August 29, 2019

Revit: Yes/No Parameter Values

You might think that a Yes/No parameter can only have two values:
  • Yes
  • No
But, in fact, there can be three values:
  • Null
  • Yes
  • No
Null will only occur when a Yes/No parameter is first placed on an object, such as when you add an instance-based Yes/No Project Parameter to one or more categories in your project (for this example, Walls). After doing so, you will see something similar to this:
In the image above, the HasToggle Yes/No parameter has just been added to Walls. The toggle itself (the square in the value column) shows a check mark, but the check mark and the square are grayed out. You might think this means that the parameter is disabled, but if you look at the parameter name, it is not grayed out. Contrast this to the Enable Analytical Model parameter a few rows below the HasToggle parameter, where both the parameter name and the square are grayed out. The Enable Analytical Model parameter is disabled, because the Structural parameter (another Yes/No parameter) is not checked. The HasToggle parameter is enabled, but the toggle is grayed out to indicate that a value for the parameter has not yet been chosen, so the value is at its initial "Null" state.

Left clicking on the toggle will set the value to Yes, and the toggle is no longer grayed out.

Left clicking on the toggle again will change the value to No.

Once the toggle is clicked and an initial value set, you cannot set it back to Null, so, in operation, there are only two values, Yes and No, but you need to be aware that parameter can have that third value, Null, as that can have an impact on your model. For example, suppose the HasToggle parameter is used to drive two filters, that will be used to change the display of Walls in a view.
In the image above, you can see that two filters have been created, HasToggle-Yes and HasToggle-No, along with the properties of the HasToggle-Yes filter. The filter applies to Walls, and will select all Walls where the HasToggle parameter is set to Yes. The HasToggle-No filter properties are identical, except the filter collects Walls whose HasToggle parameter value is set to No. In the LEVEL 1 FLOOR PLAN View, these filters have been applied and an unattractive combination of colors has been assigned to the Cut Lines and Patterns, to make it obvious that the filter has been applied.

In the image below, you can see eight Walls in the LEVEL 1 FLOOR PLAN View. Two have had the HasToggle parameter set to Yes (checked), two have had the HasToggle set to No (unchecked) and the other four remain in the initial Null state. The Null Walls are not affected by either filter, because the value of the HasToggle parameter is neither Yes nor No.

August 27, 2019

AEC Answer Day - September 24, 2019

Another installment of Autodesk Answer Day, focused on AEC-related products, will take place in the the following forums:
  • English-language Users, 6:00 am (September 24) to 2:00 am (September 25) Pacific Standard Time
    • AutoCAD
    • Civil 3D
    • Revit
    • BIM 360
  • German-language Users, 9:00 am to 5:00 pm Central Europe Time (September 24)
    • AutoCAD Produktfamile - Deutsch
    • Revit - Deutsch
    • Inventor - Deutsch
    • Fusion 360 - Deutsch
    • EAGLE - Deutsch
    • PowerMill, PowerShape, PowerInspect & FeatureCAM - Deutsch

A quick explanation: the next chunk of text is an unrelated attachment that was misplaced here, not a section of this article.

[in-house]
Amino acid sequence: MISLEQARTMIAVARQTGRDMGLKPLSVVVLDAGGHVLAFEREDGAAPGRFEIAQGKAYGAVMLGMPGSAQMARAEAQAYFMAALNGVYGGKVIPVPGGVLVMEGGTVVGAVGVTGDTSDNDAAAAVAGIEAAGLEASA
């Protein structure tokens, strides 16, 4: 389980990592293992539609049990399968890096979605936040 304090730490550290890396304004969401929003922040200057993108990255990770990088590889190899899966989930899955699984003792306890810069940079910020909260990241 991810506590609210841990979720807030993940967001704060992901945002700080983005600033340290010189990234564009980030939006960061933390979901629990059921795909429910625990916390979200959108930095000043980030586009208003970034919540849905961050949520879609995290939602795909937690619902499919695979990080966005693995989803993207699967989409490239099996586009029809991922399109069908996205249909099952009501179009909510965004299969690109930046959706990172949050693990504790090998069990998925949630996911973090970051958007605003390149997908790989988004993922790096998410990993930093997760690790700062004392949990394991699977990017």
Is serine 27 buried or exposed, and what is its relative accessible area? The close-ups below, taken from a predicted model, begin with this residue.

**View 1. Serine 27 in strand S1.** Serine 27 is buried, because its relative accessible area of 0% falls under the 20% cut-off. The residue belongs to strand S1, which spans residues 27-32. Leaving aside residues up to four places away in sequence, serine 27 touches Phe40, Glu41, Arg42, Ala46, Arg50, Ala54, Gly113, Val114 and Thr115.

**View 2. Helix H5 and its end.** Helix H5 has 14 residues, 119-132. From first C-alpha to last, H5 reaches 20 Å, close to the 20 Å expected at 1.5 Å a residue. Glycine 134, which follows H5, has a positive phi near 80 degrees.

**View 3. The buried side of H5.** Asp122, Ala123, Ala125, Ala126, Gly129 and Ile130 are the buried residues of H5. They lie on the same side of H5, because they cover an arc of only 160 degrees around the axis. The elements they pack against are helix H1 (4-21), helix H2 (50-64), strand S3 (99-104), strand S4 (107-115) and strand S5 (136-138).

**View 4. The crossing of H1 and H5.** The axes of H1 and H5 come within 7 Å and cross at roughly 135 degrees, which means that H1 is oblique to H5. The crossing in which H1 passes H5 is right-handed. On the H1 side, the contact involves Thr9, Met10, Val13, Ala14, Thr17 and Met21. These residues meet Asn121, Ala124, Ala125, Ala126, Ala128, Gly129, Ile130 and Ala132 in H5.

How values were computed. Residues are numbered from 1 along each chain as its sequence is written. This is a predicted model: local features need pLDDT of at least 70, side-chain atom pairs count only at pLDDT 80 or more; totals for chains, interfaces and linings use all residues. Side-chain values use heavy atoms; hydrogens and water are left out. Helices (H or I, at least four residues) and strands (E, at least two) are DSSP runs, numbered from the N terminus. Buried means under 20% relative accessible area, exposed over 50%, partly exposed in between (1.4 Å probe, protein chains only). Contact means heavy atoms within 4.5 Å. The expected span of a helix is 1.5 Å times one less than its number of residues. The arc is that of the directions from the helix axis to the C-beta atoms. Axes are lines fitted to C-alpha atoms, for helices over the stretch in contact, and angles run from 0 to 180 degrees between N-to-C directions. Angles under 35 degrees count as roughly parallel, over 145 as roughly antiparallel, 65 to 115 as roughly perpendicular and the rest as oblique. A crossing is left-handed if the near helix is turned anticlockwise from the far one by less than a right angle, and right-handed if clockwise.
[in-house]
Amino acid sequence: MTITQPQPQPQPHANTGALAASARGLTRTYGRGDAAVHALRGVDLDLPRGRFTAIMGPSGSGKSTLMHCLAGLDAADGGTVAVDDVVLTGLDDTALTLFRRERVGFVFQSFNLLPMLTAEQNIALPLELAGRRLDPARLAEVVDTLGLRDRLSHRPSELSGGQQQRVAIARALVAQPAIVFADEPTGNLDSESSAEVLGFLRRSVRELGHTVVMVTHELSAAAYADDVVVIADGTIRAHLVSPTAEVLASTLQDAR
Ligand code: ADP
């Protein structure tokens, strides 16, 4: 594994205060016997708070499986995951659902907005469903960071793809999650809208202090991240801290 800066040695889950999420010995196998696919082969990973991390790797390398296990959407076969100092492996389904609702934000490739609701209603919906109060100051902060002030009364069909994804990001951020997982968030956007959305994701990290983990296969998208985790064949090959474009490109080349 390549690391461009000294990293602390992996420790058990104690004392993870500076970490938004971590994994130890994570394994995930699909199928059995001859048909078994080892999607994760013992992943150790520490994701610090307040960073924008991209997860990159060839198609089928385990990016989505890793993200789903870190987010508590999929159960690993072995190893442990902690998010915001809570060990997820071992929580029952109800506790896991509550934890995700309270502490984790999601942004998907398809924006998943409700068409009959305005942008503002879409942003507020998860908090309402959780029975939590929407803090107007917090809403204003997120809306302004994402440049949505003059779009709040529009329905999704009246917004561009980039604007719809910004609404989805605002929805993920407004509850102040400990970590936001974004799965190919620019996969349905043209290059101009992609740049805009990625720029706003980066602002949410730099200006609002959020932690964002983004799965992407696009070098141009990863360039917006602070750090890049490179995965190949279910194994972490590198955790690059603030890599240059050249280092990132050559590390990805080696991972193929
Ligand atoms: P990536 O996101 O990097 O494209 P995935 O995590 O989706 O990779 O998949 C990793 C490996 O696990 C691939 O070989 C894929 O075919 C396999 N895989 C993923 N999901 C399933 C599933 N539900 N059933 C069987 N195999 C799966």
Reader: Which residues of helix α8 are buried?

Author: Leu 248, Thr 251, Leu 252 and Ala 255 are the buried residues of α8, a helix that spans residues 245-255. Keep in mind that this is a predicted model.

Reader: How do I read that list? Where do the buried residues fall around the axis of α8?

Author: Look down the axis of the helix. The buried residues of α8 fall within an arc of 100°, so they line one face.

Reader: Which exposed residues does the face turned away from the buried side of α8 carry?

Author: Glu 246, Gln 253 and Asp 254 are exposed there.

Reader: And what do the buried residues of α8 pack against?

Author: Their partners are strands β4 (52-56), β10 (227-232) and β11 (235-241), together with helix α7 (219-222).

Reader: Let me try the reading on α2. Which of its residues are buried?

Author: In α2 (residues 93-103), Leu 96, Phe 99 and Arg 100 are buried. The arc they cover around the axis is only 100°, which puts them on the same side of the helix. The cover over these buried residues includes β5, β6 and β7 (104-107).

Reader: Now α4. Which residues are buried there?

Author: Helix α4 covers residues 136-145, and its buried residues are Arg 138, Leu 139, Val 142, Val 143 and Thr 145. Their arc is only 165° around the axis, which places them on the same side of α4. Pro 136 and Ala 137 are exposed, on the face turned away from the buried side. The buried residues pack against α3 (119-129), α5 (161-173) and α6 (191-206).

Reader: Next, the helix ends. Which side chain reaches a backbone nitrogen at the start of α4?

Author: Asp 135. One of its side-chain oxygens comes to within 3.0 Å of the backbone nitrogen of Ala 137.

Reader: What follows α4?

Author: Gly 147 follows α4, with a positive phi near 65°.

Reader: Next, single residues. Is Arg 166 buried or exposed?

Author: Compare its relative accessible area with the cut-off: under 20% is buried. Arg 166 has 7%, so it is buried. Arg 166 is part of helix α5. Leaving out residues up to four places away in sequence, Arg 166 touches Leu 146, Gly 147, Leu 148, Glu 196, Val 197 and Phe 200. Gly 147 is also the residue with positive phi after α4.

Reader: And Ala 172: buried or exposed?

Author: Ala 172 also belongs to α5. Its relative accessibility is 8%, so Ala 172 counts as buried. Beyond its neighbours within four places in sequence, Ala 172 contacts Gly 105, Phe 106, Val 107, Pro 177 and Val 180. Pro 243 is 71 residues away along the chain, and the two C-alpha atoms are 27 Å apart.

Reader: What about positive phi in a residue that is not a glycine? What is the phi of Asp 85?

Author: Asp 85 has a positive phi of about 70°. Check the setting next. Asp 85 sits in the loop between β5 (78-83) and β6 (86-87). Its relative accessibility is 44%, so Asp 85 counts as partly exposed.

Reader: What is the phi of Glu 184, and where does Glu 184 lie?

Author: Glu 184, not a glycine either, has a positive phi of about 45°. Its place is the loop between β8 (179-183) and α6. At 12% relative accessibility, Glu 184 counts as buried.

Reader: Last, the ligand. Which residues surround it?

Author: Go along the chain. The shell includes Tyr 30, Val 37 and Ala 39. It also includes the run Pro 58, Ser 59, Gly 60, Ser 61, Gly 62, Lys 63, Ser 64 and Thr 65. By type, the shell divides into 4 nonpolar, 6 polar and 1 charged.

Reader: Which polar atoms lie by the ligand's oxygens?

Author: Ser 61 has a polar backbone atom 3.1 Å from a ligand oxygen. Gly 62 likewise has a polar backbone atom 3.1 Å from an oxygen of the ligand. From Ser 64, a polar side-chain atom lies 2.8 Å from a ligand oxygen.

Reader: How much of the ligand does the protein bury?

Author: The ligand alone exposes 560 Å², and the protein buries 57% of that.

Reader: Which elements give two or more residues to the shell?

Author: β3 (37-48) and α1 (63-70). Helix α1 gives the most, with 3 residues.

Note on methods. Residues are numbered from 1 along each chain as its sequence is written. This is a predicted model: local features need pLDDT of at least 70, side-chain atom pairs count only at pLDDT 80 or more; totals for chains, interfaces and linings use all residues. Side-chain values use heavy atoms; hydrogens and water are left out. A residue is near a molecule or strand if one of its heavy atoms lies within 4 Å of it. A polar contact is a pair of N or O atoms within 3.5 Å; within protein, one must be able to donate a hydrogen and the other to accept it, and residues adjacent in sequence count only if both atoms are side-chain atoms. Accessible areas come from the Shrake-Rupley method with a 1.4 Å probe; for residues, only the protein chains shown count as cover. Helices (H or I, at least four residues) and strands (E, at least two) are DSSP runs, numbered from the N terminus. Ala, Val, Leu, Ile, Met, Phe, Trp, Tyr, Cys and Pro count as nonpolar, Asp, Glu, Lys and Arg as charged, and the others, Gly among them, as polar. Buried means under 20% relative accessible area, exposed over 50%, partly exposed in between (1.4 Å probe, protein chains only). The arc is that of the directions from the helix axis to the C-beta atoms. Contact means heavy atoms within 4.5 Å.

• BIM 360 - Deutsch
    • 3DS Max - Deutsch
    • Maya - Deutsch forums.

More information, and links to the forums noted above, can be found in this Community Announcement. Stop in that day with your questions and interact with the Autodesk staff that will be taking part.

August 01, 2019

ACA: Got Blips?

Many younger users may have never seen "BLIPS" and many older users have probably forgotten about them. The BLIPMODE command and System Variable have been undefined in AutoCAD® and its verticals since the 2012 release. Back in the day, if BLIPMODE was turned on, every pick would be memorialized on screen with a small, white "+" mark. ZOOMing, PANning or using the REDRAW (yes, that command did have a function once) or REGEN commands would clear these temporary markers from the screen. But if you worked for a while without needing to change your view, you could accumulate a lot of these (and would probably quickly turn BLIPMODE off).

Undefined is not the same as removed, however, and the command is still there, and the System Variable can be accessed via AutoLISP. The System Variable was (is) stored in the Windows Registry, not in the drawing file, so someone could change the setting in the registry, as well. If you find yourself working in a drawing and having blips show up with each left mouse click, even if you remember "BLIPMODE," you will find that neither the command nor the System Variable is "known" by recent versions.

What to do? At the command line, type in the command with a period at the front: .BLIPMODE. The period tells AutoCAD to use the original definition of the command, and suddenly AutoCAD recoginzes it.

Press the ENTER key, and then choose OFF from the command line options.

Or, if there is someone in your office who is overdue for a (mostly) harmless prank, wait for her/him to leave her/his workstation with AutoCAD open. Start a new drawing, type .BLIPMODE, press ENTER and choose ON. Close the new drawing without saving. Discretely slip away, and await your colleague's return, and eventual annoyance. You may want to pop in and offer to fix the issue, before things escalate to an HR-level event. [Use at your own risk.]